In 1830 while in Talbot, Ga., the Hunters owned two slaves—a man between 25 and 35 and a woman between 10 and 24. The 1837 Mississippi state census enumeration of the Hunters shows 9 free white inhabitants, 3 male slaves, and 1 female slave. The 1840 federal census shows that James’s slave roll had changed. There is one female between 24 and 35 and one male under 10, presumably Polly Hunter (b. 1820 in Tennessee) and her son George (b. 1838 in Mississippi). The 1841 tax list of Choctaw County preserved at the Mississippi state archives reports that James was taxed on two slaves over 5 and under 60. Evidently these are Polly and George. If the older male slave enumerated in Georgia is Polly’s husband and George’s father, he was no longer with the Hunters in 1840. This census reports that in the vicinity of Hohenlinden another Hunter was in residence. The householder was named Robert Hunter, perhaps a kinsman of James’s, although such a person is unknown in the family history.

The 1840 census shows too that as settlers flooded into the county the population had quickly risen to 6,032, including 1,500 slaves. There were 15 schools, 303 students attending school, and 293 known illiterates above the age of 20. This population was spread over many square miles of forests and new farmlands. Choctaw County comprised a significantly larger land mass in 1840 than in the coming decades of the century, when it was carved up to form Sumner and then Webster County.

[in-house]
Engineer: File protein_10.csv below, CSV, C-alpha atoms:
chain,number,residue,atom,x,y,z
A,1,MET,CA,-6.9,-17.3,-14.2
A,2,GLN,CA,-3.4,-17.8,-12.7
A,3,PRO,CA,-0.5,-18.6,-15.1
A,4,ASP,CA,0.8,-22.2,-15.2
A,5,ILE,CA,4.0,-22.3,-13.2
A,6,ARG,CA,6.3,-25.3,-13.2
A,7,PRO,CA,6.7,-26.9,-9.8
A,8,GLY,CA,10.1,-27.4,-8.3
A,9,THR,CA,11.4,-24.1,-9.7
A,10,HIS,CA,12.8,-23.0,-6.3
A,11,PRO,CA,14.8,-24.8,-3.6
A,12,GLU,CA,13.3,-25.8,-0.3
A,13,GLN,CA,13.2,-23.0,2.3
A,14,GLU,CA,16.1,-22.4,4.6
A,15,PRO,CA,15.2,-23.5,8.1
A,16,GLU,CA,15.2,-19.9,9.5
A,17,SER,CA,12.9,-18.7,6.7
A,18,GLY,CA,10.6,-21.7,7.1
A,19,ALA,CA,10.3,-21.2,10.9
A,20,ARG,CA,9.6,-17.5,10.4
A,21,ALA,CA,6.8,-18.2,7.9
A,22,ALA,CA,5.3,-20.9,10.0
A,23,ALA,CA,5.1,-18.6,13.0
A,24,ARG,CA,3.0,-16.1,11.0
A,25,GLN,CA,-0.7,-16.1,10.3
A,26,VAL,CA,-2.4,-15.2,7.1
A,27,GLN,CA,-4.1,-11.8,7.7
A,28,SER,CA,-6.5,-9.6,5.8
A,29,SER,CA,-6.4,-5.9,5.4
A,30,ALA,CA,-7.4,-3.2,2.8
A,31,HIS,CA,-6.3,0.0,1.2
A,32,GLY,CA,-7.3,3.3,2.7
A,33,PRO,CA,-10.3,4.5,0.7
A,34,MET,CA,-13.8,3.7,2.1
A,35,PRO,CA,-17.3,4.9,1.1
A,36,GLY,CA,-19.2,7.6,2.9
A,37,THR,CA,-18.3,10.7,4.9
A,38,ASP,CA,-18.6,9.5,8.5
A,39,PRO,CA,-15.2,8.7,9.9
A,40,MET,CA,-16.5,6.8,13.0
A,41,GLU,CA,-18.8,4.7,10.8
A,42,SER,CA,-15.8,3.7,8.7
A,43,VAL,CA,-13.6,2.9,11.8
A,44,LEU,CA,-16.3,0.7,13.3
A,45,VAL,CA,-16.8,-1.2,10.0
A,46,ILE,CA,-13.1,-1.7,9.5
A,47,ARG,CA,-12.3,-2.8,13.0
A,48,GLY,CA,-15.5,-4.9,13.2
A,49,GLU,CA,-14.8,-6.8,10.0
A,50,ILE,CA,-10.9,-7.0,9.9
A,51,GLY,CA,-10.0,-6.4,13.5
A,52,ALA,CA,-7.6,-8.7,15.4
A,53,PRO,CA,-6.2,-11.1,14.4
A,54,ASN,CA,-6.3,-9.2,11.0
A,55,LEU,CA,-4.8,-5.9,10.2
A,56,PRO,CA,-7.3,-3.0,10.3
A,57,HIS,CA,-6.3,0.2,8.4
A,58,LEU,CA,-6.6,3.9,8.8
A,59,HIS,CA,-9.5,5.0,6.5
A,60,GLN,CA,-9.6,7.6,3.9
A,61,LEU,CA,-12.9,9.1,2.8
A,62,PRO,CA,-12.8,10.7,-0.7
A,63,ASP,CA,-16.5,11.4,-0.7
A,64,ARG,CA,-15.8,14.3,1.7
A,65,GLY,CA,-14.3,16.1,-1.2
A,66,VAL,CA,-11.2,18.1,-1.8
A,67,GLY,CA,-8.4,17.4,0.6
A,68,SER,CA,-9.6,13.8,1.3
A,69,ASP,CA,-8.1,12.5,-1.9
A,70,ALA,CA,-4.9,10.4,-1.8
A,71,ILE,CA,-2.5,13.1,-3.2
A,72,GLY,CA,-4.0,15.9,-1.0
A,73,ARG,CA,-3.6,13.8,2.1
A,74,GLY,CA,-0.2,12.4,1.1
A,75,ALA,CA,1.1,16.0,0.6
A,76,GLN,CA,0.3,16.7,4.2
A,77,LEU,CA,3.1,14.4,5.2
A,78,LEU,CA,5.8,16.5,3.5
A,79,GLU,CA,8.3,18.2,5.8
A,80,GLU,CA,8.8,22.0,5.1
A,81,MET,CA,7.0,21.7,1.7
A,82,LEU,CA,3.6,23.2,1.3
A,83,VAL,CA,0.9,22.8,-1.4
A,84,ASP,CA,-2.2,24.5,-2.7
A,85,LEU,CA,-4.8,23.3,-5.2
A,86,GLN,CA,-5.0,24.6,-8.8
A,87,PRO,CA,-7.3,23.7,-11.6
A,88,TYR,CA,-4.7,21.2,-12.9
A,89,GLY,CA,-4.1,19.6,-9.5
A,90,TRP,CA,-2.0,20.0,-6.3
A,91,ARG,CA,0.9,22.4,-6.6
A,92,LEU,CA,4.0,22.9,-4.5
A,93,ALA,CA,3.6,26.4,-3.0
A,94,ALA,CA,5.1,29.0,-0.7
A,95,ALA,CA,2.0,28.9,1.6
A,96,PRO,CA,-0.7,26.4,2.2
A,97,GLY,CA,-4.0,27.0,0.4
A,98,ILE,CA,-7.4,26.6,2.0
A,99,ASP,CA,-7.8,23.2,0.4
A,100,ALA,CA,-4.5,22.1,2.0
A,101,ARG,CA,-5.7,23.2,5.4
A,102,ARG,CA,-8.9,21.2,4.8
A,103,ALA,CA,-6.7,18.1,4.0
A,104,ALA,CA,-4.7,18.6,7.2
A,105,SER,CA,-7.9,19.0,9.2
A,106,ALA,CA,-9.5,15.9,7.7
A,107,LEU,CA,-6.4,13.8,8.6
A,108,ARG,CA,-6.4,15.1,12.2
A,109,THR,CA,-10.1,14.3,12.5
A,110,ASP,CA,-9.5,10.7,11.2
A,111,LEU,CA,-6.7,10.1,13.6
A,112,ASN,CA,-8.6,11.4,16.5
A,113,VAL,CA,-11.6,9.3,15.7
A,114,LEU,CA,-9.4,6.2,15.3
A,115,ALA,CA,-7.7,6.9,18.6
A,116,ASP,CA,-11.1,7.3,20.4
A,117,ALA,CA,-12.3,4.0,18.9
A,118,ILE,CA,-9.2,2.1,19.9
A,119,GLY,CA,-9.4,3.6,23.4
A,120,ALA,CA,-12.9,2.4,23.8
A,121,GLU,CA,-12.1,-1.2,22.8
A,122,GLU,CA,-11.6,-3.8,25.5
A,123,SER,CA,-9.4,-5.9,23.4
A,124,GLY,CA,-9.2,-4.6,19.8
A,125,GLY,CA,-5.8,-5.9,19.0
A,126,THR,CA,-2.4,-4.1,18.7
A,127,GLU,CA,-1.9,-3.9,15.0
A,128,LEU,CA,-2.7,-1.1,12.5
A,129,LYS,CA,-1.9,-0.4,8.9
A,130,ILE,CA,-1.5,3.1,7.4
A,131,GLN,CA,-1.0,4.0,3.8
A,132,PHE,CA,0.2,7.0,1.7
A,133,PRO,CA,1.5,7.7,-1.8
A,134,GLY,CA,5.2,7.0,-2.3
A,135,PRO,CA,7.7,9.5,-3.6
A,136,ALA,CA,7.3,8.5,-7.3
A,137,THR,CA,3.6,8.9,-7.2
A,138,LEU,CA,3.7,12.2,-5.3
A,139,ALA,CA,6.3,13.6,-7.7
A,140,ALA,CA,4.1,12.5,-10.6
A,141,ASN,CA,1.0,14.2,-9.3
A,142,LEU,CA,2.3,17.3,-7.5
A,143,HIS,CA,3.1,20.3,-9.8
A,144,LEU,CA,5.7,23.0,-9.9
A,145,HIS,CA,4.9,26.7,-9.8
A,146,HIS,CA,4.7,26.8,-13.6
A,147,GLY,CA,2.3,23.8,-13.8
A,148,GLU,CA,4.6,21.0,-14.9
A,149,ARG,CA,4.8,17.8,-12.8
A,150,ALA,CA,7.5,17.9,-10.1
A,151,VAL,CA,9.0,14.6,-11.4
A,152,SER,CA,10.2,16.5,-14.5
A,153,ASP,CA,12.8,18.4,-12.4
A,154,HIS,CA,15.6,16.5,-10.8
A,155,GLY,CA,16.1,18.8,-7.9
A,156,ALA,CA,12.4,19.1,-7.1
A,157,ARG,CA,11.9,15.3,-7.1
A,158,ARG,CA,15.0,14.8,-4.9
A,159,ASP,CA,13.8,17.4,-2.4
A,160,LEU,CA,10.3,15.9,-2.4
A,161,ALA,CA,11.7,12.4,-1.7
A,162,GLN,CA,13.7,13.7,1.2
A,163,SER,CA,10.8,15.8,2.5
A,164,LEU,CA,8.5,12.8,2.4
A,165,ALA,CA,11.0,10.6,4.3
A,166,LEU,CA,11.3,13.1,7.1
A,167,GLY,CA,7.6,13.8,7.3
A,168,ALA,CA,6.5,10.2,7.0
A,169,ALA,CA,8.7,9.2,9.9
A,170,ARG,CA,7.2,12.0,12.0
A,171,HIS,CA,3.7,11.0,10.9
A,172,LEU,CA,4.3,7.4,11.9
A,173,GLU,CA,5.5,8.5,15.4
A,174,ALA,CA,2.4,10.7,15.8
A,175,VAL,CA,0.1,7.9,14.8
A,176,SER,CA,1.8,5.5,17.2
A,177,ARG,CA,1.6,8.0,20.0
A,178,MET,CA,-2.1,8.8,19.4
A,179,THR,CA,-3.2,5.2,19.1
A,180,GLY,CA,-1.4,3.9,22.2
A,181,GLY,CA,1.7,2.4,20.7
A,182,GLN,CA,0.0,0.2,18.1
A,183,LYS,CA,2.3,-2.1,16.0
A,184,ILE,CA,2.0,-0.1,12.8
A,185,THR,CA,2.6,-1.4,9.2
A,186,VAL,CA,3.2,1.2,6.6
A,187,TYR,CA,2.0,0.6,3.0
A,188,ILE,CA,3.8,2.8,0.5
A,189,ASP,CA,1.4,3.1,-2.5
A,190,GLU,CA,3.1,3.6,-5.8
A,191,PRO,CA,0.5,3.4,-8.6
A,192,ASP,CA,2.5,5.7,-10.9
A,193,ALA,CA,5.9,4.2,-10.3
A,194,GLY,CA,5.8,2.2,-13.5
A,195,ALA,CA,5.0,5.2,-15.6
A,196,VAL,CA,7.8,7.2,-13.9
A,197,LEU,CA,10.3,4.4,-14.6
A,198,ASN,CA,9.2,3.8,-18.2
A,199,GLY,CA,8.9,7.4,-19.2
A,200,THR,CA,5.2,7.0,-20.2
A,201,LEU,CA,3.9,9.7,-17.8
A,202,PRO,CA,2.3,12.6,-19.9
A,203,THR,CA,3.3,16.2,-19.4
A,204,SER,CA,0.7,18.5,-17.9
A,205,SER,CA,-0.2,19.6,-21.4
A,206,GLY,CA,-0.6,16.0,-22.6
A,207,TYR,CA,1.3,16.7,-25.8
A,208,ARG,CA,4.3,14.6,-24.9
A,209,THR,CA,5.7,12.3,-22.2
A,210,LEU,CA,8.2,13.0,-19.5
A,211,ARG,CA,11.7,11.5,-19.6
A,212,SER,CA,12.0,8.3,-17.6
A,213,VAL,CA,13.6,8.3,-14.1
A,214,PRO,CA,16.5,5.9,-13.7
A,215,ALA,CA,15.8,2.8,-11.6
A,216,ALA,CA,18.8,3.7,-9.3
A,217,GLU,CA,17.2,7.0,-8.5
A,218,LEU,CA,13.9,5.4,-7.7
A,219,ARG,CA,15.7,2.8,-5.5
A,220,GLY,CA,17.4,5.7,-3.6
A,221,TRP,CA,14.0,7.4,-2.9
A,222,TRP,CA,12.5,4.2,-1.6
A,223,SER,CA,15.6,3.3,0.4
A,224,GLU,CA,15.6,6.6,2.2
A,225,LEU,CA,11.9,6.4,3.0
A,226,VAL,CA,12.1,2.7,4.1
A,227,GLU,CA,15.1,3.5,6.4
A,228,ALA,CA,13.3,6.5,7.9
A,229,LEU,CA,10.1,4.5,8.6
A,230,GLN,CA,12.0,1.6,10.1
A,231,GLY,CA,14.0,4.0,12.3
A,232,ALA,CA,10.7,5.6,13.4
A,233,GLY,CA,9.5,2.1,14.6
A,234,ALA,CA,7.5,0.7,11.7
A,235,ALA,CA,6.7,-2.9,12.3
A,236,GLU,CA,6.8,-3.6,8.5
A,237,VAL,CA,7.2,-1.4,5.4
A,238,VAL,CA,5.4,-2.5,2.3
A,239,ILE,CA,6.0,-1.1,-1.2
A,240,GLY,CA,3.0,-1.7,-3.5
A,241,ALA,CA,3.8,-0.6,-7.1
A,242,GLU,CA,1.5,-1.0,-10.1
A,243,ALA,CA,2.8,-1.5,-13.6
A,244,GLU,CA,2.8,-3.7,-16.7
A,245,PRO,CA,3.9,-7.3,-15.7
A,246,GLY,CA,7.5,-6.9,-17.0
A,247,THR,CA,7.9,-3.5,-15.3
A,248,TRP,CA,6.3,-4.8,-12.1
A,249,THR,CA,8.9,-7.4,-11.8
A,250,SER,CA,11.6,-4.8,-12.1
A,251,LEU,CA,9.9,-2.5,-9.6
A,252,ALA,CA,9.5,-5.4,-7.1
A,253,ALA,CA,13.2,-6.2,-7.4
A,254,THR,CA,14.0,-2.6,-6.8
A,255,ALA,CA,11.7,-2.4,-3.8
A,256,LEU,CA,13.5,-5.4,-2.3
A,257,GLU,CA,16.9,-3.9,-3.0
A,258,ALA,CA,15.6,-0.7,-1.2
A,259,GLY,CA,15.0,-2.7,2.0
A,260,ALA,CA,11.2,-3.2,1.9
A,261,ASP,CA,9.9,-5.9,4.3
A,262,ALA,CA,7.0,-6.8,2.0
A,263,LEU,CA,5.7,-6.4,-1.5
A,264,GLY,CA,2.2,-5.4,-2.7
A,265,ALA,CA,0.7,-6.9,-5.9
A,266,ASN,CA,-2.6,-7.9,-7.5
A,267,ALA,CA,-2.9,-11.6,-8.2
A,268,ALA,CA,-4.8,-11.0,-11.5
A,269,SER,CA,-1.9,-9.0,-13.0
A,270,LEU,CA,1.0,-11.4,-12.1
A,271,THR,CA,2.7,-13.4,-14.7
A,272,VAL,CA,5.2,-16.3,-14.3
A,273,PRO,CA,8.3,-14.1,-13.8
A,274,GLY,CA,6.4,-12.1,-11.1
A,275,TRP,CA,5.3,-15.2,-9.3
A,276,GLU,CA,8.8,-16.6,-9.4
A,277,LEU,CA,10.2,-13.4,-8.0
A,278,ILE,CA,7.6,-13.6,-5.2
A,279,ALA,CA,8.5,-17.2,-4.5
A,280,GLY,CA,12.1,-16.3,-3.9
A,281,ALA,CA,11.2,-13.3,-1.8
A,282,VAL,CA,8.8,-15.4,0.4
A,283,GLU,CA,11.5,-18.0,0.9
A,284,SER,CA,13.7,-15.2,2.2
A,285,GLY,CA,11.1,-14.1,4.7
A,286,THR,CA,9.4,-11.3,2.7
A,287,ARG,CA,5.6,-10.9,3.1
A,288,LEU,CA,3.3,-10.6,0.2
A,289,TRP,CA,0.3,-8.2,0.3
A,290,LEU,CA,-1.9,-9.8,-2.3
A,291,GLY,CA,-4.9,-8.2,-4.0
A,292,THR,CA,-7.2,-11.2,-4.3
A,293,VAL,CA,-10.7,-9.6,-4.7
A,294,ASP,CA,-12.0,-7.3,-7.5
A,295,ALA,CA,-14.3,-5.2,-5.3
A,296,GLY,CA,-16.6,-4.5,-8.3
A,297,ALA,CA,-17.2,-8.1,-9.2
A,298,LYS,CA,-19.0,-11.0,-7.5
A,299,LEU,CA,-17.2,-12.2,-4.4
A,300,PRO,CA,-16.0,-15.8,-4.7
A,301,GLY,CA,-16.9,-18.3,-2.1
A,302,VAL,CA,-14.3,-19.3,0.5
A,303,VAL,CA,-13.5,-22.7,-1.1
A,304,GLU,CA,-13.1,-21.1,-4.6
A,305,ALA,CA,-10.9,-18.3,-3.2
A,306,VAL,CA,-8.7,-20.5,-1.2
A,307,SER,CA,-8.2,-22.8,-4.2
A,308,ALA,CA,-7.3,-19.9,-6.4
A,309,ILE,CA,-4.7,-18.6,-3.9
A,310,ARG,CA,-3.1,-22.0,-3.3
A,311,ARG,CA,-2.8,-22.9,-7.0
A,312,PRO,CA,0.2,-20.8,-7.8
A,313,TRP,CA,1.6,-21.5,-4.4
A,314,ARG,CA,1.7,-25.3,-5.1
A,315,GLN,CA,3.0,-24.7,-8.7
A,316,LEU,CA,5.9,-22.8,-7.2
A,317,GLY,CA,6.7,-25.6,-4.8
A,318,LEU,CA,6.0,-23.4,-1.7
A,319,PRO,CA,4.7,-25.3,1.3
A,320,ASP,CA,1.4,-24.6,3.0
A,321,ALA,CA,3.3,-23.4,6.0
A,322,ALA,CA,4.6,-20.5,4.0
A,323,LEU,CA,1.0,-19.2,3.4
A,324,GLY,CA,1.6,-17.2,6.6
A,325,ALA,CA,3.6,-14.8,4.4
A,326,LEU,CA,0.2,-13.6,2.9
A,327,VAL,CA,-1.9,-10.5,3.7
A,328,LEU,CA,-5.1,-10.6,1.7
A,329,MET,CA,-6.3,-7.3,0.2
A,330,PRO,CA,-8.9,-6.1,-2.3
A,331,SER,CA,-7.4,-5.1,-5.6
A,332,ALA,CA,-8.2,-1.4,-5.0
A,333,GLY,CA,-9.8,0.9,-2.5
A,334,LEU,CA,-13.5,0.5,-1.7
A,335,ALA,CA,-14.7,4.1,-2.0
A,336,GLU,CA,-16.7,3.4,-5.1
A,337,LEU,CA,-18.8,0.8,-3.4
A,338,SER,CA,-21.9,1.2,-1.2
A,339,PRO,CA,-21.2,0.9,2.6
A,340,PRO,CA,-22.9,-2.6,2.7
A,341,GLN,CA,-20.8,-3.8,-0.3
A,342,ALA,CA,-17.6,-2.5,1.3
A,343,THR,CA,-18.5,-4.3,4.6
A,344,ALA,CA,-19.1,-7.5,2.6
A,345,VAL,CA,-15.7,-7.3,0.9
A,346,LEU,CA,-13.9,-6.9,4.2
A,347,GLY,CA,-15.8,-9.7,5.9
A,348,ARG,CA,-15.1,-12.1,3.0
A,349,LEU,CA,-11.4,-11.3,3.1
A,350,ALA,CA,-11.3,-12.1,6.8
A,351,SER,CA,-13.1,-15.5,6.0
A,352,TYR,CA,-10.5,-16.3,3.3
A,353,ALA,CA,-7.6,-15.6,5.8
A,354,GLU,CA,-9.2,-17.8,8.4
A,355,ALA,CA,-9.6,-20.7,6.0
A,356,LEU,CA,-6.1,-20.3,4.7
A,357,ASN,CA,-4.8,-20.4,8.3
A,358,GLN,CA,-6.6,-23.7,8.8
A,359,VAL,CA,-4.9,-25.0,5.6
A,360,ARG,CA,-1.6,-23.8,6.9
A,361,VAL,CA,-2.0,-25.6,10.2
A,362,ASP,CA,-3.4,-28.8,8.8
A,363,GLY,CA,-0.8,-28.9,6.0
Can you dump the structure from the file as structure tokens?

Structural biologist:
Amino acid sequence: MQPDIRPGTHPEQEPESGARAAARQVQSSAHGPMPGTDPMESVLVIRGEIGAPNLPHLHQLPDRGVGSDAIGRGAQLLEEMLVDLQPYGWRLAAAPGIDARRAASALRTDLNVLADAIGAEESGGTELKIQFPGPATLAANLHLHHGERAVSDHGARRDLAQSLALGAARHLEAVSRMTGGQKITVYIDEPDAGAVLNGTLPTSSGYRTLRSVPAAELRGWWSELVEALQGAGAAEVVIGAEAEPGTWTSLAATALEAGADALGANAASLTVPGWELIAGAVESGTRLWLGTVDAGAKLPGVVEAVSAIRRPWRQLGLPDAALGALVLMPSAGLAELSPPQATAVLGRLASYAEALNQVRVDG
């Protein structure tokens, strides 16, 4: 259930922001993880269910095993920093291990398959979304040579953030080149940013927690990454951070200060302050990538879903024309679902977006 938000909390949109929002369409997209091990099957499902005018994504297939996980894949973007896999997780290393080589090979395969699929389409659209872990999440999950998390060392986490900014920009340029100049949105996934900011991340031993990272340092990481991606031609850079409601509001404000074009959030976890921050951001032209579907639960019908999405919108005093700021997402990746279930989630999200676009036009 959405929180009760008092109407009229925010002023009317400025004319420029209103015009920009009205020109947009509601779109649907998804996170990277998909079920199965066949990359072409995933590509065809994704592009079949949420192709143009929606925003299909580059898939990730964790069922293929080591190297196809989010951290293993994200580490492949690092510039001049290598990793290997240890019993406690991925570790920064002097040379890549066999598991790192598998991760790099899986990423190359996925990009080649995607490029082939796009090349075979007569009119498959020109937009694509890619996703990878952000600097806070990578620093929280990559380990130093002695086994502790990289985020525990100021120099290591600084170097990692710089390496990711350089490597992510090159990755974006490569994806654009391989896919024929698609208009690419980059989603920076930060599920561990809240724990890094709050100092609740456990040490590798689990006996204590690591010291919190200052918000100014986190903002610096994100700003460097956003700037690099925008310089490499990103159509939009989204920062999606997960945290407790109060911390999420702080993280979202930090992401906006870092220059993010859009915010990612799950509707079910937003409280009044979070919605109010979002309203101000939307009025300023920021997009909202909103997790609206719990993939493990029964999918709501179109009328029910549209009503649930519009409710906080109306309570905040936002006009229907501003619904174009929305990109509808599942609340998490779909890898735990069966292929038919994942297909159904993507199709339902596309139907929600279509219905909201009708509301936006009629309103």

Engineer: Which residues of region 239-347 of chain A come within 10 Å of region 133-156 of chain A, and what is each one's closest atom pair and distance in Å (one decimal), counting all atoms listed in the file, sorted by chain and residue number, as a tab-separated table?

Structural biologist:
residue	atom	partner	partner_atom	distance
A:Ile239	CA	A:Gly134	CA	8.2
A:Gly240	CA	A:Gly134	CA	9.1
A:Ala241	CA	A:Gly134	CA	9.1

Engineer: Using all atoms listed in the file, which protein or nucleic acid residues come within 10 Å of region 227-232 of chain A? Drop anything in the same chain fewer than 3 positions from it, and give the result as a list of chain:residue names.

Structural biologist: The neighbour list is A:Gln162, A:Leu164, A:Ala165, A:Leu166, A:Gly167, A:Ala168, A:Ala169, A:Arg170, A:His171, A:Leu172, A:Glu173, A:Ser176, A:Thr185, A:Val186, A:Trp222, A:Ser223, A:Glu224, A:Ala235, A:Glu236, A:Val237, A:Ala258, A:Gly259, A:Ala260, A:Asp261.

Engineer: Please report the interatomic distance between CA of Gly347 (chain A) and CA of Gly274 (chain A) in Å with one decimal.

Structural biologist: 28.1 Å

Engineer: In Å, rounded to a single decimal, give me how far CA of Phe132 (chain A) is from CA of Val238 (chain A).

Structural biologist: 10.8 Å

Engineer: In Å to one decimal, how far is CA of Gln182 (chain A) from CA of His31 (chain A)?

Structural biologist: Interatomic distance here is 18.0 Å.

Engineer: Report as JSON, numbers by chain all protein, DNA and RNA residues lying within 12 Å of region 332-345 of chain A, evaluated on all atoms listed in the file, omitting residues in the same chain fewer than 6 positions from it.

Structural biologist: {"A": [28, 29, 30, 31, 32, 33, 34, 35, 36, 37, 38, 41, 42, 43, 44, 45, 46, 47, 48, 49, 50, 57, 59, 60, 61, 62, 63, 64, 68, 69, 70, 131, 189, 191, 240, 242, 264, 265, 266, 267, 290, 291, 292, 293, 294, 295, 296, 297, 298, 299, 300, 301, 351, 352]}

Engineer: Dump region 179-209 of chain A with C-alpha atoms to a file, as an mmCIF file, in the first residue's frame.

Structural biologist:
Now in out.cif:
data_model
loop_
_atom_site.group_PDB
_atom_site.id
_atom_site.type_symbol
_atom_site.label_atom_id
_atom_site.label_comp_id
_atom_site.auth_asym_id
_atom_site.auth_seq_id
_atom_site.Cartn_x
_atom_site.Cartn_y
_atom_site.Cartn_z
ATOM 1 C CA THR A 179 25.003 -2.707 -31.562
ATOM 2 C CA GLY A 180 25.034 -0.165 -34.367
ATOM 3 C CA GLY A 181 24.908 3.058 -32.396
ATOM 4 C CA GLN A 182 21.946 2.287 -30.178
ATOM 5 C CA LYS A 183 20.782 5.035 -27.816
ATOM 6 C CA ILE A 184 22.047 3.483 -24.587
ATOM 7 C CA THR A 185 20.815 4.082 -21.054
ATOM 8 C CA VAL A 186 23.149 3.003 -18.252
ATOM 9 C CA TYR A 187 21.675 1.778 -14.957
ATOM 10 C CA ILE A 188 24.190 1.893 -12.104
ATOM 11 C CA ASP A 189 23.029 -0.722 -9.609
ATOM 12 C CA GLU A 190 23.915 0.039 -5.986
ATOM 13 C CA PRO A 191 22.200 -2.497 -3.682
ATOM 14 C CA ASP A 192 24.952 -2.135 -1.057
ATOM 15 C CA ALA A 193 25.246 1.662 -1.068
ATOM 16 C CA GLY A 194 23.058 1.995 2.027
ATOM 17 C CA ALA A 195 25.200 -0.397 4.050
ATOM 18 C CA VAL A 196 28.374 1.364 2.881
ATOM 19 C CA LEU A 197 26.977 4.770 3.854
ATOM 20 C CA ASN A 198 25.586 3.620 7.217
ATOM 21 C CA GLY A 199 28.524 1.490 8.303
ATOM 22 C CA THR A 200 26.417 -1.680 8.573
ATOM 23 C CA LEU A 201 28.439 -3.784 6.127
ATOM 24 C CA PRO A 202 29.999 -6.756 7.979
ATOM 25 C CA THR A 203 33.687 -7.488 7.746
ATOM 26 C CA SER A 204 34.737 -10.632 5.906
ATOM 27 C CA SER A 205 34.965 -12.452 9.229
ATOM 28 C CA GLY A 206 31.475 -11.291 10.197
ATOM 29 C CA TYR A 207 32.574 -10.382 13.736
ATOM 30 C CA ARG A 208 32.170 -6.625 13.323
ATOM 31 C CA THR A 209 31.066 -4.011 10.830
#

But James lived hardly long enough to witness the growth and prosperity of Hohenlinden. Although brief, his life span was ten years longer than his father’s. On 20 May 1844, nine years after settling in Mississippi, he died at the age of forty‑eight. He was buried on a corner of his property.

In widowhood, Martha was matriarch of the family. With her sons, her young daughter, and her servants, she managed the farm. Evidently James died unexpectedly. If he left a will, it was destroyed in the Choctaw County courthouse fire in 1881. Silvanus, twenty‑one was named guardian of the underage children—Henry, Caroline, Pinson, and Baldwin. Allusions to the official  guardianships appeared in receipts preserved in James’s old wallet.

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Silvanus Gardner Hunter